Happy November! In case you missed it, in August I decided to make my blogging comeback with a round-up of resources centered around a back-to-school theme. In honor of last month’s installment bringing us to ten posts on the topic, this month’s round-up is all about the hidden curriculum.
The hidden curriculum series began nearly two years ago (the first post went live on January 28, 2021). As each post reminds us, the series was borne from the observation that there is a lot that we, as academics, are expected to know but are never taught.
I figured it might be helpful to have all the posts in the series to date all in one place for ease of access.
In addition, you will find related posts providing general advice and resources, as well as links to other resources I’ve found useful from around the internet (mostly Twitter).
For those of you who are new here, the hidden curriculum includes a set of things we’re expected to know how to do, from attending a conference for the first time to applying for funding to going on the job market, without actually being taught them. This month’s installment is all about sending cold emails!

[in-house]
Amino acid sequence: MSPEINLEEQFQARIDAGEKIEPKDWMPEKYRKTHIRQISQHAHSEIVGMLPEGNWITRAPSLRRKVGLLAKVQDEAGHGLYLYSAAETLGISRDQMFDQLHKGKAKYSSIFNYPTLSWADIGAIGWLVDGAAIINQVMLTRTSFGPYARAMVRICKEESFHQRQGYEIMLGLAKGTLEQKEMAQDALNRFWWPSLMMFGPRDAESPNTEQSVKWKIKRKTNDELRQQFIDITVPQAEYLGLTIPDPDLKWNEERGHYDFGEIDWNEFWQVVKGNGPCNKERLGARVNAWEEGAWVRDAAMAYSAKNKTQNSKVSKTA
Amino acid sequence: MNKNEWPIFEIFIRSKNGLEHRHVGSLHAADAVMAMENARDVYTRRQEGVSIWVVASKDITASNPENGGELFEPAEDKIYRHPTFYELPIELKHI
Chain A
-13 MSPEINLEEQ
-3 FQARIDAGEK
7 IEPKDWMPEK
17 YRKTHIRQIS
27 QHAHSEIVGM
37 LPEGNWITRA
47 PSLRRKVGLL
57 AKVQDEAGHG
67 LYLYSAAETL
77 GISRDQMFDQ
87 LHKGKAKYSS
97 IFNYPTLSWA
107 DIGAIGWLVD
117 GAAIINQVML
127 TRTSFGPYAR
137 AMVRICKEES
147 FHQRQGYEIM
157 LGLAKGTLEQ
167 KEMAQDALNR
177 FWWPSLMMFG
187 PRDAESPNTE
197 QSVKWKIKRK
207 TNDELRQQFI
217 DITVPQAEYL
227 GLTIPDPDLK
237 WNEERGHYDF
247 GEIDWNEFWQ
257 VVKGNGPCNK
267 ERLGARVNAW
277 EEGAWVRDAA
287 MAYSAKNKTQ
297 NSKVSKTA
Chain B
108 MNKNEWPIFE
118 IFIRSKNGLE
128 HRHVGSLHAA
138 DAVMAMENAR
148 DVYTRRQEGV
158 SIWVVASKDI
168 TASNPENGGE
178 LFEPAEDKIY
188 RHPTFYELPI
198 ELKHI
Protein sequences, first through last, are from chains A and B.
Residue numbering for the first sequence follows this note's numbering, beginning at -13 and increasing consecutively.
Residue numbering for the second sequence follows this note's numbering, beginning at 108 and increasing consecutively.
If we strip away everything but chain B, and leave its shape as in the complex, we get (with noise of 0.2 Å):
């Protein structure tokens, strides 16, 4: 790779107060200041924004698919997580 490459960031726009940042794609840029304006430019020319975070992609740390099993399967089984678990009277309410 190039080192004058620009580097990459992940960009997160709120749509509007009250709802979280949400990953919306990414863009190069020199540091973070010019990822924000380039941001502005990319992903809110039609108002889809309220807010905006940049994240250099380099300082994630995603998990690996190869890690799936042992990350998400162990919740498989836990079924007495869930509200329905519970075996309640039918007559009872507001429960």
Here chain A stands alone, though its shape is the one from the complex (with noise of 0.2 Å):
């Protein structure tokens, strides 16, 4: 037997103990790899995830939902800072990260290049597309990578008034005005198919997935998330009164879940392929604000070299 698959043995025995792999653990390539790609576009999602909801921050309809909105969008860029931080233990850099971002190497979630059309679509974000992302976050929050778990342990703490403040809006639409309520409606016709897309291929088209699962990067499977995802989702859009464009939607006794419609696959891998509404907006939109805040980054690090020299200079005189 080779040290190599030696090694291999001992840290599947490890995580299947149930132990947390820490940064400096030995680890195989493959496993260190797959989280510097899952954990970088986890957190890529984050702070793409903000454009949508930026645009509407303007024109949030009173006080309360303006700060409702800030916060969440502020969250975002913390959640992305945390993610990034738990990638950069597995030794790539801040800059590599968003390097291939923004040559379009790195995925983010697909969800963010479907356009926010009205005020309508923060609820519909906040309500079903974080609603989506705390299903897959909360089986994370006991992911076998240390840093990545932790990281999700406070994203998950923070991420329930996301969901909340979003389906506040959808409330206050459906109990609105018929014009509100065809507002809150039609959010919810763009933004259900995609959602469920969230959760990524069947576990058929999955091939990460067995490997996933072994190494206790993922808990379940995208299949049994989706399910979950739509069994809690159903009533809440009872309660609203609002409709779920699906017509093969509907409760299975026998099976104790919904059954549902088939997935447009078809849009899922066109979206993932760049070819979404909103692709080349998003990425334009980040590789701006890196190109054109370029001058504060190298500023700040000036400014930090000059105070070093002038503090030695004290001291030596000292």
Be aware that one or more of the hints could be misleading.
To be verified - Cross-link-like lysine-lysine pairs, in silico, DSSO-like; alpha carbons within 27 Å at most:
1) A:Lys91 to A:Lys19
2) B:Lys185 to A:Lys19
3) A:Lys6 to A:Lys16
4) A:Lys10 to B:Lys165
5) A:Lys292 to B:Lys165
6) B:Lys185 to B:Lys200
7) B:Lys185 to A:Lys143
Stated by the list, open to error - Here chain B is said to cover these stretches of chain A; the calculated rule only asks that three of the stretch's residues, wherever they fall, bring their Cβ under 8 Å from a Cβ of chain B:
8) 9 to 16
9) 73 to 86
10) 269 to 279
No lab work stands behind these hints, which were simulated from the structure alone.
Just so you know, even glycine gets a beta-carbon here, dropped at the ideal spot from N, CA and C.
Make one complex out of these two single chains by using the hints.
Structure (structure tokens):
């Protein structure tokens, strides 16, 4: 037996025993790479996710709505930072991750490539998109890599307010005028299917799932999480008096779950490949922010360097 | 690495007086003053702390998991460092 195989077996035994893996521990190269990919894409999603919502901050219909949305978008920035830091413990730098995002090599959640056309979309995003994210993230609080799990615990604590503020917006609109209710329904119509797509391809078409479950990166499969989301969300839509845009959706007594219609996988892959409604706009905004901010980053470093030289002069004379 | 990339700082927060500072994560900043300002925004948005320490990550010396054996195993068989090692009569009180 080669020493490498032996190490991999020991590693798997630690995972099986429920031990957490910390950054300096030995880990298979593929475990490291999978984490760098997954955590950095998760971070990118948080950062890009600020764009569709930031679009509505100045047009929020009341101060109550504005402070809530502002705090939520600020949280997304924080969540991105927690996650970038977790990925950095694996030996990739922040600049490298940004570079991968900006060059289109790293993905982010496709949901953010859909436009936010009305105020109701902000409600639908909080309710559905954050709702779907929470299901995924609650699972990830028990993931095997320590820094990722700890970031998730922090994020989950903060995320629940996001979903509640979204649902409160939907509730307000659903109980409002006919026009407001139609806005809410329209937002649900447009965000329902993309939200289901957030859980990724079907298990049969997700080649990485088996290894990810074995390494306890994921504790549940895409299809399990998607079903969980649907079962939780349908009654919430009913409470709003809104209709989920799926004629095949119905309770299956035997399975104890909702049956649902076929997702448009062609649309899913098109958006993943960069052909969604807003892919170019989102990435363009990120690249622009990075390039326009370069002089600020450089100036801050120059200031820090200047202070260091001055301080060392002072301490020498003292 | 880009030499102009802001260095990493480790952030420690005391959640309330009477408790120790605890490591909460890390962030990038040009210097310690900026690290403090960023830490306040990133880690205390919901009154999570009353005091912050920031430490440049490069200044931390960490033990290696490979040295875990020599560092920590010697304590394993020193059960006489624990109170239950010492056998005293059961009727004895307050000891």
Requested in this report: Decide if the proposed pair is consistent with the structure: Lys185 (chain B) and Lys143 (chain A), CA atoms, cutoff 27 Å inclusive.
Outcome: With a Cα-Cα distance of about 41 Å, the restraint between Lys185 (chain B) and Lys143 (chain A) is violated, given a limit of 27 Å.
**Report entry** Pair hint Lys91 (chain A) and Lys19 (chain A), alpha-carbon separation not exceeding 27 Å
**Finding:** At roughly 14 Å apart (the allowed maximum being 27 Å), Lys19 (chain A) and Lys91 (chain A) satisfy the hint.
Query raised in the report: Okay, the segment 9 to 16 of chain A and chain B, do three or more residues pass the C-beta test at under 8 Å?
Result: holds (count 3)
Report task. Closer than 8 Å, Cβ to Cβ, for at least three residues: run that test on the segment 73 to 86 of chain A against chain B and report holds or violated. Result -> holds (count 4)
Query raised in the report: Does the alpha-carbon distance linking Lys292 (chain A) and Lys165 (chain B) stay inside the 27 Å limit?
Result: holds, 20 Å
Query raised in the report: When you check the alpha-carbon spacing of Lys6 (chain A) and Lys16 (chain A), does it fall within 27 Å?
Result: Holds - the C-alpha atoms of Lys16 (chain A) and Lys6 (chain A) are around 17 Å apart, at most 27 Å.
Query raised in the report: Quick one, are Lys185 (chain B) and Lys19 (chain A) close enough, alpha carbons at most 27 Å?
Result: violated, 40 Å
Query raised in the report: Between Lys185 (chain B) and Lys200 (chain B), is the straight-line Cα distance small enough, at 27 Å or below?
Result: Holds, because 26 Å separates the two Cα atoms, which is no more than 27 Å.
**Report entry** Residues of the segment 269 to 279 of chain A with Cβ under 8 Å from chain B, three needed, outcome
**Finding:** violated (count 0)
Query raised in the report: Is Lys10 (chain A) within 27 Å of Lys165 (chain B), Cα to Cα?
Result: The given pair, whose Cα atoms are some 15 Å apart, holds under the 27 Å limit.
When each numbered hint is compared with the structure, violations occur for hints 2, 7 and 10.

Raise your hand if you absolutely loathe sending emails? Raise your other hand if you especially hate cold-emailing people you’ve never met?
If you have both of your hands in the air, I bet you probably look pretty silly.
But I can tell you that I’ve been where you are, and just the thought of sending any kind of email (especially to a large audience or to someone I don’t know) gives me a little bit of anxiety.
I can also tell you that, like most things, it gets better with practice.
In this post, I’m sharing a few tips for how to make you a cold-emailing pro.
Last month I began a series on “the hidden curriculum.” The hidden curriculum includes a set of things we’re expected to know how to do, from attending a conference for the first time to applying for funding to going on the job market, without actually being taught them. This second installment features tips on how to ask for recommendation letters (or references), which can form part of all kinds of applications!